A replica of the Denisovan finger bone sits on a human hand.

Mystery Relative’s DNA Highlights Unique Human Traits

Chronicle of Higher Education

By Josh Fischman

August 30, 2012

The young woman from southern Siberia has been tantalizing scientists for about two years. They knew a few skimpy details, like that she was a she, and lived at least 50,000 years ago. Also she was not a modern human, but she or others in her group may have mated with our more direct ancestors, contributing a little DNA we still carry today.

Today we know what her DNA is — and more important, we have a better sense of what genes are uniquely ours. Many of them have to do with brain development and vision, and could be traits that set us apart from these near-modern humans in Siberia called Denisovans, their sister group the Neanderthals, and other shadowy relatives in Africa.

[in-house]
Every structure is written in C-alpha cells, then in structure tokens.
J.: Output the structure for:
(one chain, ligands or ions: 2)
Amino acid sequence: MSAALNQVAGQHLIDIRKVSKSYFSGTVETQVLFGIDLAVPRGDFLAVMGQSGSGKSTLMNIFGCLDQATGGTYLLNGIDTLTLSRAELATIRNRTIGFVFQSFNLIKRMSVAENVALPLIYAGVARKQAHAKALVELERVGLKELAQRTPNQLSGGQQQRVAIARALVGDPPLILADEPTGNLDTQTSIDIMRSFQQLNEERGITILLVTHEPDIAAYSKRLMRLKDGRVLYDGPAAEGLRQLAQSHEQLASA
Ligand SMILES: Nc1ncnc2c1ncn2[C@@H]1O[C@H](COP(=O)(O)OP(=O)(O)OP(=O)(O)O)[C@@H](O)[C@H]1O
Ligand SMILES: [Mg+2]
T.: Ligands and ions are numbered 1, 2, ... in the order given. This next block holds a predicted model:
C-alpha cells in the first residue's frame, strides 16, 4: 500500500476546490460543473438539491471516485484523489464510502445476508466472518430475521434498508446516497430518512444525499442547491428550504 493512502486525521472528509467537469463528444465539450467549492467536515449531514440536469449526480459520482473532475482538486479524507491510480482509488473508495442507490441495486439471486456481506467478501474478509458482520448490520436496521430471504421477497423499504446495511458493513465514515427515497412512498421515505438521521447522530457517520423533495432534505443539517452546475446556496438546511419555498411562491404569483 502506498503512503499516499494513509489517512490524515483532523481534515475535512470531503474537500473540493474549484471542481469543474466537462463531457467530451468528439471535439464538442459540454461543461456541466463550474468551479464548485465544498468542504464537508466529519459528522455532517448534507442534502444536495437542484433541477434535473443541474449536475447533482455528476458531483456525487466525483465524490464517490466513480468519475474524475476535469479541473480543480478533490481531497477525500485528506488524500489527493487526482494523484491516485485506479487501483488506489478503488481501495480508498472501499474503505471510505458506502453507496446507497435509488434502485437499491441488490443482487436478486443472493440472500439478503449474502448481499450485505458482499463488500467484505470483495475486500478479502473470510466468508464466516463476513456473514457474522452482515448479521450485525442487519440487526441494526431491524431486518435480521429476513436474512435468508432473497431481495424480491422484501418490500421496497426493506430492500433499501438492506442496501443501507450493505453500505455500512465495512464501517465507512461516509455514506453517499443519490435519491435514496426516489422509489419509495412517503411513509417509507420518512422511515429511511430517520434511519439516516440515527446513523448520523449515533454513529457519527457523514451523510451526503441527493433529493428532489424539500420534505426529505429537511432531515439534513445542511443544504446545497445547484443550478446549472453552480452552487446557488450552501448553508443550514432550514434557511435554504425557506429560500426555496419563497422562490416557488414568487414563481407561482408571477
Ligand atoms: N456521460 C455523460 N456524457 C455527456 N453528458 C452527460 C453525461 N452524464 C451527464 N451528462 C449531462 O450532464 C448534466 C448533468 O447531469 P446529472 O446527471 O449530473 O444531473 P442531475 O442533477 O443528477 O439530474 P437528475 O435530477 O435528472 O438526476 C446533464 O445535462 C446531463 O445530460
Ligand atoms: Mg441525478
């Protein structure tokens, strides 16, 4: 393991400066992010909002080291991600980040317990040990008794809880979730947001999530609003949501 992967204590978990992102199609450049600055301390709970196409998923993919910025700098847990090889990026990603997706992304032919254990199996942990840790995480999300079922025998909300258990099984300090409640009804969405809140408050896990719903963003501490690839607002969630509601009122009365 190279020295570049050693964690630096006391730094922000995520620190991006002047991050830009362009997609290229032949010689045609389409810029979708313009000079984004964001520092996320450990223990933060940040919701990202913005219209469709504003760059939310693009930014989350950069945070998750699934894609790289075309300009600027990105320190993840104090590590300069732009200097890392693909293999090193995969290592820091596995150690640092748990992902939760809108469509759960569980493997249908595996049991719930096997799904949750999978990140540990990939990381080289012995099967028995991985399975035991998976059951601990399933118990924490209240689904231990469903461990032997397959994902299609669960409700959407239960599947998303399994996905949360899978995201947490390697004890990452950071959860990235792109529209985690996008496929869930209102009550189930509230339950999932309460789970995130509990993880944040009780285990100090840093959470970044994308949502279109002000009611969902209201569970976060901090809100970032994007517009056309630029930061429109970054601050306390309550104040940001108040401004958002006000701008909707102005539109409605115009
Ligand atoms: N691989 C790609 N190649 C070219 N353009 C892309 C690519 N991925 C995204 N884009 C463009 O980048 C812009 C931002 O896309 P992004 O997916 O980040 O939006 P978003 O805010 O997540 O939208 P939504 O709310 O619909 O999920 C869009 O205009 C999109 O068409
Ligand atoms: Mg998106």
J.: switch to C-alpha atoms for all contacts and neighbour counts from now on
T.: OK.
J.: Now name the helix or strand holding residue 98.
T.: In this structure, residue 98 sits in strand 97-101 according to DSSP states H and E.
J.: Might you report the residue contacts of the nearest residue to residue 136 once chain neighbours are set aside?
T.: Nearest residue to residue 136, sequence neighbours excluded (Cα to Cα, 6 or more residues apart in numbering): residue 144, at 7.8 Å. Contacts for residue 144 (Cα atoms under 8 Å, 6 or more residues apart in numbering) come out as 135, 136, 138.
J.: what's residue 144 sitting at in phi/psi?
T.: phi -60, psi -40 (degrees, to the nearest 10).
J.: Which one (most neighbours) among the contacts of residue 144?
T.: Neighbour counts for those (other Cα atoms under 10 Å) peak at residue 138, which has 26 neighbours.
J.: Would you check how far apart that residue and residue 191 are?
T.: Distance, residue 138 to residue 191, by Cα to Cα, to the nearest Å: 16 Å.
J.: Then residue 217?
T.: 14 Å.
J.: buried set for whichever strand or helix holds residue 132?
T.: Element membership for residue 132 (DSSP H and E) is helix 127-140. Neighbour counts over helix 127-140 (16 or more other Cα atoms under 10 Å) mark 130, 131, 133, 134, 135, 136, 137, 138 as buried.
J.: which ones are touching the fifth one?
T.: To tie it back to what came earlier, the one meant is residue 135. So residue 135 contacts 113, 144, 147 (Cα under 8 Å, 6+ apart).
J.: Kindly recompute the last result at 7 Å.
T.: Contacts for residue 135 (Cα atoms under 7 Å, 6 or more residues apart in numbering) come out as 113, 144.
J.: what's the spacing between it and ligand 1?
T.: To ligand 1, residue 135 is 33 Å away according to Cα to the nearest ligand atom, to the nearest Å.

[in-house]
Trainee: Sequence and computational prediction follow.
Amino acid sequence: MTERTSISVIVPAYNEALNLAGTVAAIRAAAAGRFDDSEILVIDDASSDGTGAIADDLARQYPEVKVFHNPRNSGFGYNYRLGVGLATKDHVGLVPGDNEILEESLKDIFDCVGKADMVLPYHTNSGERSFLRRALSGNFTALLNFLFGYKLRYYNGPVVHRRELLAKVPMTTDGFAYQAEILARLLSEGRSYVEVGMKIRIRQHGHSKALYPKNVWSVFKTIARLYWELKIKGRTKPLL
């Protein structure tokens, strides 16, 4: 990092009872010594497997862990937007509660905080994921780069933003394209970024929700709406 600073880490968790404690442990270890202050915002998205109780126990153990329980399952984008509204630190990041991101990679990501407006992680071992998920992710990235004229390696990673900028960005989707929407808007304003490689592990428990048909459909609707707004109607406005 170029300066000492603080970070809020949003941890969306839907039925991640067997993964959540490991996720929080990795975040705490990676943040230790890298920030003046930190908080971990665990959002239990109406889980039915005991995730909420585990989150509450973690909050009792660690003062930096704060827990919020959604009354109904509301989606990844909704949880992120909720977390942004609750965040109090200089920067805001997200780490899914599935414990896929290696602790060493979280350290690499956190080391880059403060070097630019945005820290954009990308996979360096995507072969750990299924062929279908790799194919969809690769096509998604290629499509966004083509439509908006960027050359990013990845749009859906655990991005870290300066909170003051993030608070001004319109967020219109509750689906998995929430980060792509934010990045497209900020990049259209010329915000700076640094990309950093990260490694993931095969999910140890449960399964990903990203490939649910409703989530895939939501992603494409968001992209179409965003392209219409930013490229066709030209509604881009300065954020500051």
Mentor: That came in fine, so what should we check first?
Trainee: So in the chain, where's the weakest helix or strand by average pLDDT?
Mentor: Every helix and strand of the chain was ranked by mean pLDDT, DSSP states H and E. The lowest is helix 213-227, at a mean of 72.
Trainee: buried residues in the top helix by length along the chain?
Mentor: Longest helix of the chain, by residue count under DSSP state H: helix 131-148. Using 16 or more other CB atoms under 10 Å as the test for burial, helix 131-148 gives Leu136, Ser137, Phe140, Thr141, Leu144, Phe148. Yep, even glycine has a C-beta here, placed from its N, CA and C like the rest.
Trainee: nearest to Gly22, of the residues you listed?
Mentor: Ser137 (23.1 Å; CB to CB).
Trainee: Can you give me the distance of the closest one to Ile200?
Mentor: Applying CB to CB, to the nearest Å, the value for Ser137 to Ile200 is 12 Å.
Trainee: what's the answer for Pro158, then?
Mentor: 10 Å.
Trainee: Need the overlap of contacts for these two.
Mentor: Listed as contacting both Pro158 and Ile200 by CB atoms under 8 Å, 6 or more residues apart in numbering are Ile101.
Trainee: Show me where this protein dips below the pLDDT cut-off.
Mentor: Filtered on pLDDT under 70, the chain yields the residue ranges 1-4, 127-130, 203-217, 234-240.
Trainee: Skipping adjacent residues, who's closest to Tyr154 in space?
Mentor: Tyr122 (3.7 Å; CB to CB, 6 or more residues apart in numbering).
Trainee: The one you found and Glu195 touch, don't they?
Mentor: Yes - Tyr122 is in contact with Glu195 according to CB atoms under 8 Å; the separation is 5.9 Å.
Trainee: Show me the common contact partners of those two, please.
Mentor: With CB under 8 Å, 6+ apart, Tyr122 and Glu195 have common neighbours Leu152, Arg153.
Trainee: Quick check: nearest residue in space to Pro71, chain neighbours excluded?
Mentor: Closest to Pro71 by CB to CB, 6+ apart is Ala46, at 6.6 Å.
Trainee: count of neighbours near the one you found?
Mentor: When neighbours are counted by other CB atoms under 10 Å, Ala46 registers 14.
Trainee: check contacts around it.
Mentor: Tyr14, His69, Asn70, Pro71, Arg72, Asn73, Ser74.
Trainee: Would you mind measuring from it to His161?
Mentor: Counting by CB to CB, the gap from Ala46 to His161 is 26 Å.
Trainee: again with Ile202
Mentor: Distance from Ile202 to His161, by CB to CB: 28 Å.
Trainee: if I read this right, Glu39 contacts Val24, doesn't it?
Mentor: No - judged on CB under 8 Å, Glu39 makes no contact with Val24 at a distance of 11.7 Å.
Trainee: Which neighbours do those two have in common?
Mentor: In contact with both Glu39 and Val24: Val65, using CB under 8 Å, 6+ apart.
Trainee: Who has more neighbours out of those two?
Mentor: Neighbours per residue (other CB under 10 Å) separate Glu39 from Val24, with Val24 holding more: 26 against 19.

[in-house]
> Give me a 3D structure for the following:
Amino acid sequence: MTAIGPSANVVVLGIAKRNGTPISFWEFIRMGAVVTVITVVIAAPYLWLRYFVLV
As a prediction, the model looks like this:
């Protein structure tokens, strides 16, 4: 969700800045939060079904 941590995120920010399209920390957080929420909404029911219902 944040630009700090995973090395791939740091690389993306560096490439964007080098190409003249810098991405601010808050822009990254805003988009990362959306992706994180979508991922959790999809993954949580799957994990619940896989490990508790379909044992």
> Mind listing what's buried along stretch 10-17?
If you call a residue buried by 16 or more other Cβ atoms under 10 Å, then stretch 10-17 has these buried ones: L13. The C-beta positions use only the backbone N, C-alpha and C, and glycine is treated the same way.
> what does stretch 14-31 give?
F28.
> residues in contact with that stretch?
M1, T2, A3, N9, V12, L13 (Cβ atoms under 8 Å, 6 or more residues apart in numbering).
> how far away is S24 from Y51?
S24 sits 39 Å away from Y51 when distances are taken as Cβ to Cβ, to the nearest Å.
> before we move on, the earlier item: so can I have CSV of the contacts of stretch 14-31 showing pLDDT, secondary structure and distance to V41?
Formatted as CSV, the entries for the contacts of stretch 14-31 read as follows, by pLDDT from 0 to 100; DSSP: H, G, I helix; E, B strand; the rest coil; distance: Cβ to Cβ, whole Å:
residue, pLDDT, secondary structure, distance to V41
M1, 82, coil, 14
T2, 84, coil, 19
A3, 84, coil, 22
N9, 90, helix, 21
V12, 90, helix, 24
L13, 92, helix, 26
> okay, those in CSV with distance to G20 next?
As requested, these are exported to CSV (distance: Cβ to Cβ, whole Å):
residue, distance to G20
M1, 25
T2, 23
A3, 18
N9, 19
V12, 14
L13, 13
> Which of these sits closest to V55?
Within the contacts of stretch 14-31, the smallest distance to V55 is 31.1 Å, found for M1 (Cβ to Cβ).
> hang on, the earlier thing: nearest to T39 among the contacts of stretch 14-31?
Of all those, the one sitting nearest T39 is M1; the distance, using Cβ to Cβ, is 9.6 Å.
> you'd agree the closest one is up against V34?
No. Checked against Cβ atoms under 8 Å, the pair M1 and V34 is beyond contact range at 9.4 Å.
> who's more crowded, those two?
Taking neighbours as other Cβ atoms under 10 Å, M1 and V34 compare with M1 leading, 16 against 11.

A newly unveiled and highly detailed genome map reveals those distinctions. It also uses genetics, not traditional geology, to place the woman in Denisova Cave about 80,000 years ago, not 50,000, and attempts to silence skeptics who have asserted that mating with modern humans was a product of geneticists’ imaginations.   Not a bad haul from a piece of finger bone that’s smaller than your knuckle.   “This represents a culmination of my efforts to study ancient DNA, which began in the 1980s when I started fooling around with mummies,” said Svante Paabo, a geneticist who led the work published on Thursday in Science. Mr. Paabo, from the Max Planck Institute of Evolutionary Anthropology, in Leipzig, Germany, published a “draft” genome sequence in 2010 — it indicated the gender of the finger-bone owner — but he acknowledges it was prone to error and covered only about 60 percent of the genome.   The new sequence covers more than 99 percent, thanks to a new technique developed by Mr. Paabo’s team that, in essence, pulls apart the two mirror-image strands of the DNA double helix and exposes each one for a complete analysis, something hard to do when the fragmented, timeworn molecule is bound together.

Read the full article online in the Chronicle of Higher Education.

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